Wasteful spending in D.C. and San Francisco 

Friday’s San Francisco Examiner editorial, “Chu Offers No Apology for Fleecing Taxpayers,” appropriately focused on the need for an official apology for the half-billion federal dollars wasted on Solyndra despite “multiple warnings beforehand.” Just an apology? How about some firings? Or doesn’t a half-billion dollars of Washington waste matter anymore?

And how about a $1.58 billion boondoggle? San Francisco and the federal government are threatening to waste that much on a short and virtually useless bit of subway, of value mainly to wealthy real estate speculators.

As with Solyndra, there have been multiple warnings of the Central Subway’s flaws, excessive cost, dire effect on Muni finances and minimal transportation benefits. Yet its political promoters push blindly on as if nothing were amiss.

Who will later stand up and take responsibility for the Central Subway debacle?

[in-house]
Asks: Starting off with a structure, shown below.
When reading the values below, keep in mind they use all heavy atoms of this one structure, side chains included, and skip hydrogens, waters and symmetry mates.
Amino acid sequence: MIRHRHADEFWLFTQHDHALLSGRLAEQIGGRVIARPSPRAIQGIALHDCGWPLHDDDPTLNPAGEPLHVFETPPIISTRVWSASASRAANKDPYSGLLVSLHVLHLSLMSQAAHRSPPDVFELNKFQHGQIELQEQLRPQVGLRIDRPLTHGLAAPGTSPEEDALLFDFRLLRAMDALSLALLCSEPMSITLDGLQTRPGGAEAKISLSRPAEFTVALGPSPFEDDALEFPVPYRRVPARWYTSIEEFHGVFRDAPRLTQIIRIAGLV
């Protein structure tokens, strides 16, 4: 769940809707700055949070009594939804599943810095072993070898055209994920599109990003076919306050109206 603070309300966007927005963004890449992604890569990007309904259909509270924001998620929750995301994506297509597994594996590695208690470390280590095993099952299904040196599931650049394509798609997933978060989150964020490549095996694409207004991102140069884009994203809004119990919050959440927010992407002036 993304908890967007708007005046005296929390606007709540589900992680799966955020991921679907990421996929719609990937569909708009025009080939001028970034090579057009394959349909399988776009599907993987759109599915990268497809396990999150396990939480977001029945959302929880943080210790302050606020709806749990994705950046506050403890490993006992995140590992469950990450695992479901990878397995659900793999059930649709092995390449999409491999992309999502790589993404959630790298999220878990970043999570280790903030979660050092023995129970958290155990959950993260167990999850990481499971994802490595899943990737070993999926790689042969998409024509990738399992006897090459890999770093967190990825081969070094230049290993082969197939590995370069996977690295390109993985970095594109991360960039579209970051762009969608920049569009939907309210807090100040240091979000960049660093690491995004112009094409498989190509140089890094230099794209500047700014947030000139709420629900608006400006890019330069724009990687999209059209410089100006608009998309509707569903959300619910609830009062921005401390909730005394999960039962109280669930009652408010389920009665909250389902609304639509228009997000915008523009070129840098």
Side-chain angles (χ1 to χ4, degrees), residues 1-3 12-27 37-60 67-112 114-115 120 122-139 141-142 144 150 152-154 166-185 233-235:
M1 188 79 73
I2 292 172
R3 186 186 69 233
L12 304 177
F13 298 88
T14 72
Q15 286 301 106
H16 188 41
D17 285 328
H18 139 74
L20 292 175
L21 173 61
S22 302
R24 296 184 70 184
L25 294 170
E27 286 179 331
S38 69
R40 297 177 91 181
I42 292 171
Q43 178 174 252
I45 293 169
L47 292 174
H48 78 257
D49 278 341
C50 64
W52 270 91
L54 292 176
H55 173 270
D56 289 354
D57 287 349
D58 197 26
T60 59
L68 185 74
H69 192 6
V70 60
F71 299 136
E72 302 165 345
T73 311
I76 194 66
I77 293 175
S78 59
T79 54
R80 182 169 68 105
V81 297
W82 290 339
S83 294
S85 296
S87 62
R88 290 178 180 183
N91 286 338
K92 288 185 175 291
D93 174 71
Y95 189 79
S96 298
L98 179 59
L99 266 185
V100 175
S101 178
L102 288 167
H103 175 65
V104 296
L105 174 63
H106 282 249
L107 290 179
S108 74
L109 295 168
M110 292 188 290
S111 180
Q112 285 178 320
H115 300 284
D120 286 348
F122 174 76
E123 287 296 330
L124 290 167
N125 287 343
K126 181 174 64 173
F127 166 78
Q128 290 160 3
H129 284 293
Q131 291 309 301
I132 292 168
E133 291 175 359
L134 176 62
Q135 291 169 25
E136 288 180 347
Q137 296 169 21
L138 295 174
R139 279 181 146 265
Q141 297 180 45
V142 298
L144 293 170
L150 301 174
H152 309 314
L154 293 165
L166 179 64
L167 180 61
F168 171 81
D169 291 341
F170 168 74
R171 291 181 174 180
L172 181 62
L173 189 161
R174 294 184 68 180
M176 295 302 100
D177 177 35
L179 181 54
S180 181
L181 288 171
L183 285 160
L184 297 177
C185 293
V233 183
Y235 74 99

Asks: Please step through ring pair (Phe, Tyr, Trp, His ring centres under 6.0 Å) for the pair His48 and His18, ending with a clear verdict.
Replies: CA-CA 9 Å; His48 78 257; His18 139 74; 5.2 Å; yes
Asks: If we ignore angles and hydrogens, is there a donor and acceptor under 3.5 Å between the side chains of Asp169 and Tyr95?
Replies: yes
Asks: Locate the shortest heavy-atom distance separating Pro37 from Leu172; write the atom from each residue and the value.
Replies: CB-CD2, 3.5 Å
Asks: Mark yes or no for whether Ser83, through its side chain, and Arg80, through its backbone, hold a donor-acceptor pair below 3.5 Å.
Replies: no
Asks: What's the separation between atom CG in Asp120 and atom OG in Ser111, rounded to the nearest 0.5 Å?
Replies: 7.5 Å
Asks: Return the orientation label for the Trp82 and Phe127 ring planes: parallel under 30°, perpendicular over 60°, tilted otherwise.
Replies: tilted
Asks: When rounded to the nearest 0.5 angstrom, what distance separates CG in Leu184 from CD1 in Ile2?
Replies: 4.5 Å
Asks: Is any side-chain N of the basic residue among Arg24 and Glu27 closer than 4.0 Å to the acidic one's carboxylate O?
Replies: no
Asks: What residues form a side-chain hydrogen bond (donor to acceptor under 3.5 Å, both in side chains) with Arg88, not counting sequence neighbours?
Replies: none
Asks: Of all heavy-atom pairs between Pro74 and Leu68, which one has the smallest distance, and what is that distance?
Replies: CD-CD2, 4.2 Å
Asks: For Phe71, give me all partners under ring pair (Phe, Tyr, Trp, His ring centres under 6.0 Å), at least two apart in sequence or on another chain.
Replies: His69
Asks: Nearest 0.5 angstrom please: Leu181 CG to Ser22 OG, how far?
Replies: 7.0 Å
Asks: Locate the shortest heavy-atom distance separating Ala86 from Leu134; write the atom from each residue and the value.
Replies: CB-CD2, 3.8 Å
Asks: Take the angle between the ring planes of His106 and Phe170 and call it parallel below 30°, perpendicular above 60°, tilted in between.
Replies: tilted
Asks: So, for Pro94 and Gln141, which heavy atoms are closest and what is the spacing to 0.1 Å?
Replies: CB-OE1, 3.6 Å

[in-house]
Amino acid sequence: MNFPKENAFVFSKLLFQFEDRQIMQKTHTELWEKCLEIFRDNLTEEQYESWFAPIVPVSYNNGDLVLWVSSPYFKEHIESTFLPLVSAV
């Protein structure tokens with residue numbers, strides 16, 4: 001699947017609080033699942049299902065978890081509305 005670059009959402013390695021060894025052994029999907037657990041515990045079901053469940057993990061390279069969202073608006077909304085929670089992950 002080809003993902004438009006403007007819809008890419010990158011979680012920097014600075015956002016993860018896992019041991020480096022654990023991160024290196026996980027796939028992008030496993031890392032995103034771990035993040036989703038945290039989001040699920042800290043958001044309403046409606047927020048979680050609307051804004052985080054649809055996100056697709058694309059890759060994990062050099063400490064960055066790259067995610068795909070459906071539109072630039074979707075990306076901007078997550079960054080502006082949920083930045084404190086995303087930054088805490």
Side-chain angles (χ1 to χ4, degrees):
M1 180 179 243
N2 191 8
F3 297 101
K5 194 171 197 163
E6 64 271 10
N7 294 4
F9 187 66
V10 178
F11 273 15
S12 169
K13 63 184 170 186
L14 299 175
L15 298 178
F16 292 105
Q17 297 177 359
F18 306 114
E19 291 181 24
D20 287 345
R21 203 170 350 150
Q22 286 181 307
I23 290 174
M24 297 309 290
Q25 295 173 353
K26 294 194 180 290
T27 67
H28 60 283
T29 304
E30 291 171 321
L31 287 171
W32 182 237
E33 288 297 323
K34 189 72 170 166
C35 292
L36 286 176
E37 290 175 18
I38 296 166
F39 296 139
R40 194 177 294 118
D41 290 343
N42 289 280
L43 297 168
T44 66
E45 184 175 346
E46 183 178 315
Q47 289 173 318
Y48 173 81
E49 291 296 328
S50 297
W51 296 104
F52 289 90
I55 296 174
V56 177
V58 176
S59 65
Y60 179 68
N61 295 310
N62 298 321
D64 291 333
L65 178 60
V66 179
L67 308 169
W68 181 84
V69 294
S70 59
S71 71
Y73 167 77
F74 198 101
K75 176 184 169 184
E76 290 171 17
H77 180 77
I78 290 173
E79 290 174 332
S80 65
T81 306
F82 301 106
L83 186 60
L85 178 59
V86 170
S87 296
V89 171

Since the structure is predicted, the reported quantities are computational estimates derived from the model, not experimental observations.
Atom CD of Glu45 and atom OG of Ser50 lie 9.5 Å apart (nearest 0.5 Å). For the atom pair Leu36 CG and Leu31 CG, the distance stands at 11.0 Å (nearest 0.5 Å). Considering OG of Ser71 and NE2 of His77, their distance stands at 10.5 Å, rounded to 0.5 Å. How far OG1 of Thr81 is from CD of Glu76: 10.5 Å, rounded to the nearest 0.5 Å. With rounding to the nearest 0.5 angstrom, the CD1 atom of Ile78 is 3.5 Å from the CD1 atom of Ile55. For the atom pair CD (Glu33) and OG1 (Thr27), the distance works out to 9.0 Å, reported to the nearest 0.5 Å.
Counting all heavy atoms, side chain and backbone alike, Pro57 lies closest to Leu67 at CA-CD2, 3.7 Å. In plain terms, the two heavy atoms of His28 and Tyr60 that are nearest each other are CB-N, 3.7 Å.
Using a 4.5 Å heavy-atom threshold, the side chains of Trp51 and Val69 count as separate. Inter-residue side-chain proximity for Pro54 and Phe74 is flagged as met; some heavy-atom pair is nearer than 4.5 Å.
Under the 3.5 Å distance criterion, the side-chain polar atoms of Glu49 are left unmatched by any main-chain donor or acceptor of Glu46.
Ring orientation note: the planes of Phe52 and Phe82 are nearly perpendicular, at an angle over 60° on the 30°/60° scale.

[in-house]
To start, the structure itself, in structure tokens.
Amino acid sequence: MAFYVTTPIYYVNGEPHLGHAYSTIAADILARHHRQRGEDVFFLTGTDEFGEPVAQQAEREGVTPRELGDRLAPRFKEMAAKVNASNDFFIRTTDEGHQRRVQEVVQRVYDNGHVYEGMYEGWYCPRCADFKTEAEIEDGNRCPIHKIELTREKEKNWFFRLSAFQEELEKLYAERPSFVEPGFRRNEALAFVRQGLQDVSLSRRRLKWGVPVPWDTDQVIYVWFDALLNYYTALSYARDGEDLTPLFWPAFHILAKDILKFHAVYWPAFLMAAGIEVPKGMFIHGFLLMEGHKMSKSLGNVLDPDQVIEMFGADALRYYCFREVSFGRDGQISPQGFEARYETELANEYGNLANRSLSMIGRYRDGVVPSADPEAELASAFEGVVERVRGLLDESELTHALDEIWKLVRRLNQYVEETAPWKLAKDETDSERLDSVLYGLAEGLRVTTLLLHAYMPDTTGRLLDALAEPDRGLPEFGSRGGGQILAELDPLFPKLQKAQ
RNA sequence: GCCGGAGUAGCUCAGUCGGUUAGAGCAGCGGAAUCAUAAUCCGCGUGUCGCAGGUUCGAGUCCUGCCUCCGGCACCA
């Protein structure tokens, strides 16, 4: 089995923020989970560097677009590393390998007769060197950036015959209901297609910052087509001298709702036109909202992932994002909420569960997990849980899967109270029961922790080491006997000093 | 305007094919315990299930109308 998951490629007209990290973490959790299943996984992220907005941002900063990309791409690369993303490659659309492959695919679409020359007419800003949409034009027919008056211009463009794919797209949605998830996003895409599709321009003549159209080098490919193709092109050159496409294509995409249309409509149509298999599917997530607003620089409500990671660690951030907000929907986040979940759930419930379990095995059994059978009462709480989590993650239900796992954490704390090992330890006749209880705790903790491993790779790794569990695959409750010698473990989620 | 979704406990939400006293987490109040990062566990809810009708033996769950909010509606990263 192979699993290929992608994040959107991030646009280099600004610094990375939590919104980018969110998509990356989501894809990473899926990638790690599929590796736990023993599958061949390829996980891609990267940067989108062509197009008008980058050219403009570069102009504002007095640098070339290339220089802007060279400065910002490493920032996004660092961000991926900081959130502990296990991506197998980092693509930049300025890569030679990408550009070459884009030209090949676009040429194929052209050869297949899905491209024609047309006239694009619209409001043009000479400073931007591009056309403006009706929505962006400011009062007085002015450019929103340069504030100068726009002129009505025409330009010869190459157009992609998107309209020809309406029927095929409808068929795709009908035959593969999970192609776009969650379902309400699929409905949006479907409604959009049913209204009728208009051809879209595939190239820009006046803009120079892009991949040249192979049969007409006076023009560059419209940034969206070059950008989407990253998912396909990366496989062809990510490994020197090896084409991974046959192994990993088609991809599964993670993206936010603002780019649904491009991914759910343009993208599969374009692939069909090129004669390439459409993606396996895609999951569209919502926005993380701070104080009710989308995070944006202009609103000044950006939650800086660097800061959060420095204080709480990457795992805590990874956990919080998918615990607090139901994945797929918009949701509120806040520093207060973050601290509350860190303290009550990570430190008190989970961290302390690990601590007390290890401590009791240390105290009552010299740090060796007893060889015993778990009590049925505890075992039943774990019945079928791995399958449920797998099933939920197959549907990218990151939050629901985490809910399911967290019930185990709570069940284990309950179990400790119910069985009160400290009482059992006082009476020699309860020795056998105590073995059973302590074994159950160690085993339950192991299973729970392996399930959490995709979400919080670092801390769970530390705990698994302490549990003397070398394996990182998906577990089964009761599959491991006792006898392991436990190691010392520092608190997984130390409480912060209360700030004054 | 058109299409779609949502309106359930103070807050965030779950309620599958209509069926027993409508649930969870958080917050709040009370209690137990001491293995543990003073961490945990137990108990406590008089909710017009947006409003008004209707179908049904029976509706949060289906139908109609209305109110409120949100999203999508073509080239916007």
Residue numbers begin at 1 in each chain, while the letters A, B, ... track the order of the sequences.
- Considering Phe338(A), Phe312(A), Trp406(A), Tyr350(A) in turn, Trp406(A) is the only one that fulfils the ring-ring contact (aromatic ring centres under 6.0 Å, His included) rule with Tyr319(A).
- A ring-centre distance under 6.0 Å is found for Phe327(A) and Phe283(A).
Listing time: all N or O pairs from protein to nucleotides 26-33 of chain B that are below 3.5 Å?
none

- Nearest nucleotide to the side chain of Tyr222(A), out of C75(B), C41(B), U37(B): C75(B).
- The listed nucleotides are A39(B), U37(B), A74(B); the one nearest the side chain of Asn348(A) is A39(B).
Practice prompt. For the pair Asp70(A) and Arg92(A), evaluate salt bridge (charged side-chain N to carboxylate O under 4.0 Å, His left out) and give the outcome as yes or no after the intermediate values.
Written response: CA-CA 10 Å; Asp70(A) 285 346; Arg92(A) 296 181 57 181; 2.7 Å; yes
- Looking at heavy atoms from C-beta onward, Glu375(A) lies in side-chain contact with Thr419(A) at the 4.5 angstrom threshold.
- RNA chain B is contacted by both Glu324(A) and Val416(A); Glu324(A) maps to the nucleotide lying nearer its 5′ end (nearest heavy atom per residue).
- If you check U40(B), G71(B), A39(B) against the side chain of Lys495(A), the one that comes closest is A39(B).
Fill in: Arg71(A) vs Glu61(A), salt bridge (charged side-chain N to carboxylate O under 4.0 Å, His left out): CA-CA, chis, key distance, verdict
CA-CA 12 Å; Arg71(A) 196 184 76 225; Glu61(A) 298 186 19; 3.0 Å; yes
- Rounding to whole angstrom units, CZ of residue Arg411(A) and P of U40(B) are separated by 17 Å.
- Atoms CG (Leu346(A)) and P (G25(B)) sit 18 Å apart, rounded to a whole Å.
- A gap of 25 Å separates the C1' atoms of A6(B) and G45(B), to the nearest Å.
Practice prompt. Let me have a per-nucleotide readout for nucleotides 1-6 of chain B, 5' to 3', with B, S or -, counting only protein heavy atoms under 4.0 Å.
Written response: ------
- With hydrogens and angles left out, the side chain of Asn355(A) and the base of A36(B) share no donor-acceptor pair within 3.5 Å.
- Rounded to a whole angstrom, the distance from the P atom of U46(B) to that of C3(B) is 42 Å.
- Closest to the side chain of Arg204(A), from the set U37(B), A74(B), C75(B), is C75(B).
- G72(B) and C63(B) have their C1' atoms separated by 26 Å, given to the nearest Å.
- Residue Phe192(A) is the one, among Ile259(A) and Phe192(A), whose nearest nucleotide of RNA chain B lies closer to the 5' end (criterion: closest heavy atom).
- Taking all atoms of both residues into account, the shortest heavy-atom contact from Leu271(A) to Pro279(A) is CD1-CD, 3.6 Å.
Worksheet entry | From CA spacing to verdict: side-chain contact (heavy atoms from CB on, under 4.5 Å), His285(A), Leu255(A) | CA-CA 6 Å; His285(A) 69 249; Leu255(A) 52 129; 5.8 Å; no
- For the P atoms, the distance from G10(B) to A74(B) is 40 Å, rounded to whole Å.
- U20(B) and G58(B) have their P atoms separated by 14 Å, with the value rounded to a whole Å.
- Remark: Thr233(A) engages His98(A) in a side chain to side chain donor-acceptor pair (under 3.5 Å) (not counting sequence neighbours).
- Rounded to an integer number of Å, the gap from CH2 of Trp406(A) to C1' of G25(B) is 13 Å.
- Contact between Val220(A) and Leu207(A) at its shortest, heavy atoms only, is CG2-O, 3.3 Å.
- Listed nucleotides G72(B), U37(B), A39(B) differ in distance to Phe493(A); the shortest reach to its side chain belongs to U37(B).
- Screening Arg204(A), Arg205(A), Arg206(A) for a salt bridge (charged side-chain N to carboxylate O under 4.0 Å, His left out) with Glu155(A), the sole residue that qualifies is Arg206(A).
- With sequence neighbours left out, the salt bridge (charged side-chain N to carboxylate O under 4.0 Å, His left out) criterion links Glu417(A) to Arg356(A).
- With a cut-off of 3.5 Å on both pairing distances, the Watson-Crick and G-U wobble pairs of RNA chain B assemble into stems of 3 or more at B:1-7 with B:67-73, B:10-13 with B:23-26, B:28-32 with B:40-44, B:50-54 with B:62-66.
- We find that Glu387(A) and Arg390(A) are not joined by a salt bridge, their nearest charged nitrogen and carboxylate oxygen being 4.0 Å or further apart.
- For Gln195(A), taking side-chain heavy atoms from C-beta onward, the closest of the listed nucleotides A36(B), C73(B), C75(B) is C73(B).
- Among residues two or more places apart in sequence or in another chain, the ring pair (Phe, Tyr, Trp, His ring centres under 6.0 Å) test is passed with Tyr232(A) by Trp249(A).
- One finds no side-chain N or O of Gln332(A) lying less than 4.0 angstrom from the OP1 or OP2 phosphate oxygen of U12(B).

Gerald Cauthen, SaveMuni, Oakland

Our rights can’t be taxed

The conservative letter-writer got it mostly wrong about our constitutional rights Nov. 17. The correct part is that you can’t punch someone because it will make you happy. That bit of jurisprudence has been around for a long time. But it is incorrect that out rights are subject to taxation. That thinking went out with the poll tax.

Yes, Supreme Court Justice David Souter believed property rights can be contingent on a community’s need to raise revenue. Justice Anthony Kennedy thought that world opinion should inform constitutional law and Justice Sandra Day O’Connor was fine with equal protection waiting 25 years.

Still, judicial ruling is not the source of our human rights. Unalienable rights are not granted by government, nor can government rightfully tax the exercise of such rights, “living Constitution” or no.

Paul Burton, San Francisco

Galileo band keeps beat

There may be no snappier, up-close, dedicated, showbiz-savvy kids on these cold autumn afternoons than those within the Galileo High School marching band as it practices on the football field. Their energy shakes the rafters in my nearby 18-story North Beach building.

San Francisco’s cum laude graduates of youthfulness make a joyful noise near Fisherman’s Wharf at sundown. Attention deserves to be paid to the rhythmic heart of North Beach.

Al Ujcic, San Francisco

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